Li Huasheng (b. 1944) represents the first generation of artists raised and trained in the People’s Republic of China. His career spans the painting of Maoist propaganda in the 1960s, a decade of secretly studying forbidden traditional styles during the Cultural Revolution, an overnight rise from poverty to prominence during the artistic rejuvenation of Sichuan province under Deng Xiaoping, a hellish descent into political disgrace during the anti-Western campaign of 1983-1984, and a boldly pursued political rehabilitation to become Sichuan’s foremost younger artist today. All along, Li has been driven by a fearless flair for drama that is expressed not only in his remarkable paintings of teh Sichuan landscape but in a lifelong passion for Sichuan-style theater. Li’s career has been allied with that of his foremost mentor, Chen Zizhuang (1913-1976). Chen, a personal bodyguard and cultural adviser to Sichuan’s last warlord governor, was ostracized by the Communist arts administration after 1949 and died in obscurity, but posthumously became a centerpiece of the revival of traditional arts in Sichuan under the influence of Deng Xiaoping.
Since the advent of socialism in China, no mainland Chinese artist has dared expose his life in detail. As a result, little is known outside China of how artistic life is lived or of the system that regulates it. In exploring the lives of Li Huasheng and Chen Zizhuang, Contradictions reveals for the first time both the details and the character of artistic life in socialist China. Particular attention is given to the various forms of patronage that shaped these artists’ options: state patronage, a monopoly that has been regulated by associations, academies, exhibition halls, and publication houses in conformity with Communist party ideology; commercial patronage, in which painting serves as a form of currency in the exchange of private services and personal favors; protective patronage, provided by the political elite in exchange for art and artistic companionship; and spiritual patronage, provided by Daoist and Buddhist temples that share the artist’s passion for individual creativity and antipathy to the state.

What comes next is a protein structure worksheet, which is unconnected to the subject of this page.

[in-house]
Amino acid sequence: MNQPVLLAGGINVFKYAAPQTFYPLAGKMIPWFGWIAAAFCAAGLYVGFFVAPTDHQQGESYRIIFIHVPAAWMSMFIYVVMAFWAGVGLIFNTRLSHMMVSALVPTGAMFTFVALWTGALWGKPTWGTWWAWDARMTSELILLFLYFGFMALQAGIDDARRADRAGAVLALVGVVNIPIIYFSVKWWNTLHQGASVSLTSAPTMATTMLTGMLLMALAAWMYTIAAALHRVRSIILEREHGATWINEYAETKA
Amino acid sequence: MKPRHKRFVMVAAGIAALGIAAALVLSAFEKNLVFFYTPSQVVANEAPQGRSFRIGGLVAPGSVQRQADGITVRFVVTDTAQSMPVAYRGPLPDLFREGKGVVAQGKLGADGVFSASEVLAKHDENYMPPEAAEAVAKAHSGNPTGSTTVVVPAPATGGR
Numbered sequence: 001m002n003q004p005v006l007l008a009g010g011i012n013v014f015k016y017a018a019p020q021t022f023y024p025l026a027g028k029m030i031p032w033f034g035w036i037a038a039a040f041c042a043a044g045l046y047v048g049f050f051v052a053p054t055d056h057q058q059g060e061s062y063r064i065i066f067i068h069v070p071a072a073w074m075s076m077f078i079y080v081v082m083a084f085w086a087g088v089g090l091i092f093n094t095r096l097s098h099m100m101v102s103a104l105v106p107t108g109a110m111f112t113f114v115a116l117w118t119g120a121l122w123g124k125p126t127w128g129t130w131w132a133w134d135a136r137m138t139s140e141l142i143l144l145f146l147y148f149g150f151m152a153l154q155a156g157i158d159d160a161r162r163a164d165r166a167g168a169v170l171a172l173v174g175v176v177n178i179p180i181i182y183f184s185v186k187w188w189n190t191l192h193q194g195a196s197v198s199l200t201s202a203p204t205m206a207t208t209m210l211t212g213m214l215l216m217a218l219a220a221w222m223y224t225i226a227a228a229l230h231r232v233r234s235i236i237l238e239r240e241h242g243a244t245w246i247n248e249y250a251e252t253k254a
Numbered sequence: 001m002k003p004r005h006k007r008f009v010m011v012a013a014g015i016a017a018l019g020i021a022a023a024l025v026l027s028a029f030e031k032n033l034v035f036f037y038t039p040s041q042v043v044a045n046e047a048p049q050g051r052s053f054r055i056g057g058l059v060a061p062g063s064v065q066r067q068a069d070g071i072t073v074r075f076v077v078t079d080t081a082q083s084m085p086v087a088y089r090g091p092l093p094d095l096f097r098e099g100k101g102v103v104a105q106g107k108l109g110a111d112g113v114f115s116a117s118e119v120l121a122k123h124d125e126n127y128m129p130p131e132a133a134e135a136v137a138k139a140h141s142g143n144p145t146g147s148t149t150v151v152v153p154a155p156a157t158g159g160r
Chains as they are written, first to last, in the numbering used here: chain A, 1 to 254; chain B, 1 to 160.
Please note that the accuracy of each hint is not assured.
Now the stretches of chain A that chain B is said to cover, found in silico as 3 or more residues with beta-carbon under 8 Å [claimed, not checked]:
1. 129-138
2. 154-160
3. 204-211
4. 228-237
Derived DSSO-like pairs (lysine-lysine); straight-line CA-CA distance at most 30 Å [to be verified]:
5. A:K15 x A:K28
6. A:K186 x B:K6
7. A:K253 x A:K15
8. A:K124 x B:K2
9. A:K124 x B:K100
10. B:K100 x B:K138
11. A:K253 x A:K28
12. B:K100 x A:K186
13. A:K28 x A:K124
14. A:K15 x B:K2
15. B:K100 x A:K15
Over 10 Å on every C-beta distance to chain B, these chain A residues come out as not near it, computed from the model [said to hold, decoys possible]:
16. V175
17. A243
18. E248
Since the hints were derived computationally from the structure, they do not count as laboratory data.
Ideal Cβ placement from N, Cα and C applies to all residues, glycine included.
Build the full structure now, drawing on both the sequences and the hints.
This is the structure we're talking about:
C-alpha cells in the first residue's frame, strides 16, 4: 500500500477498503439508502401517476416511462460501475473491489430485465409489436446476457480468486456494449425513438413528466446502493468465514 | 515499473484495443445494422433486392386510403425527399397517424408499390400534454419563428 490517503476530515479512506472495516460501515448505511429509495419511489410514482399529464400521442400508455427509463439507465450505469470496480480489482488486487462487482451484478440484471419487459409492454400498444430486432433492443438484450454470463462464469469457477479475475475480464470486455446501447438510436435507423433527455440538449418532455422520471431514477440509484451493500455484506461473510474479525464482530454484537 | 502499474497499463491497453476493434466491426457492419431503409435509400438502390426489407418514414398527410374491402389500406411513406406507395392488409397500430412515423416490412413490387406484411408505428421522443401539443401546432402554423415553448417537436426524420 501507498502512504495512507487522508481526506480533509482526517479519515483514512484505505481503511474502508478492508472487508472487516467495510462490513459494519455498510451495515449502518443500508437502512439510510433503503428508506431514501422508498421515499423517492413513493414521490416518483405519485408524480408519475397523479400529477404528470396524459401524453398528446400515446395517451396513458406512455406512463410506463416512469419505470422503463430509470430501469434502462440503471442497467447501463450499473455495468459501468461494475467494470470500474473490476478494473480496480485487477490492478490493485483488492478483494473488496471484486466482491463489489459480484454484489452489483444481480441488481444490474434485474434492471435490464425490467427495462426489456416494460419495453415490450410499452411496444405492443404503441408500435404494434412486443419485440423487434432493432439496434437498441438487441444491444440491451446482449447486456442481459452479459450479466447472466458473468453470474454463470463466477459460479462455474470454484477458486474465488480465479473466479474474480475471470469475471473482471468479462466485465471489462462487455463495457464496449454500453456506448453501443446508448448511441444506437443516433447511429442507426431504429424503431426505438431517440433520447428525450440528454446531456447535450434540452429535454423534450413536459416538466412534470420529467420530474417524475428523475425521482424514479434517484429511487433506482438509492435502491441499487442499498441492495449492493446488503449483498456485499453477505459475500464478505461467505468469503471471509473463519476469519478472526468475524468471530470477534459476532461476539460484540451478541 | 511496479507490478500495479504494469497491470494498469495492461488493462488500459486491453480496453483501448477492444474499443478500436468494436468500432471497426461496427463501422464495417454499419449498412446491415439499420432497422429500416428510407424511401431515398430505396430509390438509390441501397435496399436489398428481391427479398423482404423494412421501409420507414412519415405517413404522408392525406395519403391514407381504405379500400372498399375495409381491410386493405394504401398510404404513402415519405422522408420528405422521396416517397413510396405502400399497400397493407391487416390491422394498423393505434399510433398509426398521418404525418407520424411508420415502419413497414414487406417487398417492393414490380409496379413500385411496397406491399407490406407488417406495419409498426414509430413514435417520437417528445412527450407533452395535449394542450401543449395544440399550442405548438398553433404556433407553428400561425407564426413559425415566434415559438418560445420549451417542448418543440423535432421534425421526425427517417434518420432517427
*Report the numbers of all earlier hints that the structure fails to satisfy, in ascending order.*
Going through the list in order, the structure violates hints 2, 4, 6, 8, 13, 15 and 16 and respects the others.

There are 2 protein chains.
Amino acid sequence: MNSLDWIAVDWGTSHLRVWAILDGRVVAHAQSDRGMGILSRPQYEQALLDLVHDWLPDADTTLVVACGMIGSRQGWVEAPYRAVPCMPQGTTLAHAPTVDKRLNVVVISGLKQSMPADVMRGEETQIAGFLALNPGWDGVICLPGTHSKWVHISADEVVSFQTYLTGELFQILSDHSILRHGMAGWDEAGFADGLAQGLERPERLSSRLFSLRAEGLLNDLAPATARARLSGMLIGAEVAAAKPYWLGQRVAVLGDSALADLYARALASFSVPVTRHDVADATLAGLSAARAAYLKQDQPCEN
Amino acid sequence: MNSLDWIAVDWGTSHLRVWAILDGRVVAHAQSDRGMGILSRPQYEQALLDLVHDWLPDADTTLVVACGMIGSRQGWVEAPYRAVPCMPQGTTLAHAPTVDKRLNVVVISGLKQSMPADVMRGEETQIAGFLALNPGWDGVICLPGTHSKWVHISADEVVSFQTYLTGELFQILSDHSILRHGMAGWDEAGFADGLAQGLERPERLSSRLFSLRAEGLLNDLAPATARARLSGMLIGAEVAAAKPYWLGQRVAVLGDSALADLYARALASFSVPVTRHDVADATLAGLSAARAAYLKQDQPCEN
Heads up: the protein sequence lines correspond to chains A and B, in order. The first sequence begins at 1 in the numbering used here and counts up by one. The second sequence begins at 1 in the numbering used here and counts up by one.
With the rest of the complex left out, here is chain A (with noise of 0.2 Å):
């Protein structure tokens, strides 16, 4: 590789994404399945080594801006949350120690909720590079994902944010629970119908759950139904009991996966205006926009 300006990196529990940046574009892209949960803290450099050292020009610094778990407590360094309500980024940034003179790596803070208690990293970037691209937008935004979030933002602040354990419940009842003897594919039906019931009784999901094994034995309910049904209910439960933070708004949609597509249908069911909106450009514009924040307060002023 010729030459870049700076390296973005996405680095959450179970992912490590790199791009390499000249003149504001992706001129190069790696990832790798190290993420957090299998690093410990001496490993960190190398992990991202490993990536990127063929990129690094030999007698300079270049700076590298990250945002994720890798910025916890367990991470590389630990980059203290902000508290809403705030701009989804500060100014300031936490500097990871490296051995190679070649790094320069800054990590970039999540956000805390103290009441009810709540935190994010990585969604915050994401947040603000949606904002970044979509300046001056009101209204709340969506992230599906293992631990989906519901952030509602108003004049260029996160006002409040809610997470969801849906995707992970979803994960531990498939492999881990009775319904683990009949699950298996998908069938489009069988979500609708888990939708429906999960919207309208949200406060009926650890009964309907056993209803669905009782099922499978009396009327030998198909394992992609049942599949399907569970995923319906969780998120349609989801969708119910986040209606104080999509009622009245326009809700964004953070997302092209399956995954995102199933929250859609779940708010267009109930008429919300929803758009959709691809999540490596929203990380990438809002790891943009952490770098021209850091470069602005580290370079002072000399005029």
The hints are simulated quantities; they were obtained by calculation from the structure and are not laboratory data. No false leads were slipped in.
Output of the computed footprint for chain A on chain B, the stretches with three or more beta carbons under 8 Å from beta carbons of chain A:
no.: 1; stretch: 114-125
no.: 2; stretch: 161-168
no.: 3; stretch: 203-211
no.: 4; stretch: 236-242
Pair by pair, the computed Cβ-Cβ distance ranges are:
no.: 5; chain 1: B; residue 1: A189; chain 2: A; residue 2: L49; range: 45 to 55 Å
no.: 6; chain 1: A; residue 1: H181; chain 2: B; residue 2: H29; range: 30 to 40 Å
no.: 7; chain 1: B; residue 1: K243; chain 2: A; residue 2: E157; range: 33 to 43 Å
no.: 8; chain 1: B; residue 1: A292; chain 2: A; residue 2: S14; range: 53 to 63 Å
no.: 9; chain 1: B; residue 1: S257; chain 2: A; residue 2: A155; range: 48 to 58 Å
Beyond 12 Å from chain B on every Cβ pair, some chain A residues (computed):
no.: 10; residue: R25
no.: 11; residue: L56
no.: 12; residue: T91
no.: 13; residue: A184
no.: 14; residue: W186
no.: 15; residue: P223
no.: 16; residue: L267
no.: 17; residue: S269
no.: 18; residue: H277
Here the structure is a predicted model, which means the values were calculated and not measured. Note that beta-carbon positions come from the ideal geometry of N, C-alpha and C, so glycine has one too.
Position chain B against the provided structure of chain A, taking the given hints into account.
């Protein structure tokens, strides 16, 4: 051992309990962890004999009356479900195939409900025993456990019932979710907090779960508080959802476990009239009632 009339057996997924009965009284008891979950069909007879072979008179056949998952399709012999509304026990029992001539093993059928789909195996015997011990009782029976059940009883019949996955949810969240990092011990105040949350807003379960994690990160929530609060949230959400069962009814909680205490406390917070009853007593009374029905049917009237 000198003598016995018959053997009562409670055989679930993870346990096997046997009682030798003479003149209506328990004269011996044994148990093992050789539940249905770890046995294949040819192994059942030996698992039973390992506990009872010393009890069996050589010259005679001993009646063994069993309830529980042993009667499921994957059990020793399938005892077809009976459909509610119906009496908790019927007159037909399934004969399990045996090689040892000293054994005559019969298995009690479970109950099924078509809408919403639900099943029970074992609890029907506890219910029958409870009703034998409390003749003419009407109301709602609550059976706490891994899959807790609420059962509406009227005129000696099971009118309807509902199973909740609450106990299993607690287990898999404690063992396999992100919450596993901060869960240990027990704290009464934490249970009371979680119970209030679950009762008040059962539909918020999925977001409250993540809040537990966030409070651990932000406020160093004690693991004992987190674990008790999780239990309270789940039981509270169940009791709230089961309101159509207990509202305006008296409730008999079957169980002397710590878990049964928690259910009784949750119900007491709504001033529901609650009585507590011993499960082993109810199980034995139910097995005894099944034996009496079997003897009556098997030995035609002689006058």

Contradictions combines art, institutional history, and extensive and uncensored interviews and correspondence with a wide range of individuals, both friends and rivals, who have shaped Li Huasheng’s career: his teachers and artistic colleagues, the leaders of Sichuan’s arts administration, the patrons ranging from army commisar to Daoist priest, the illicit love, the state managed journalist looking for a target, the state arts store manager, and the newly liberated dealers in art and artistic forgeries.
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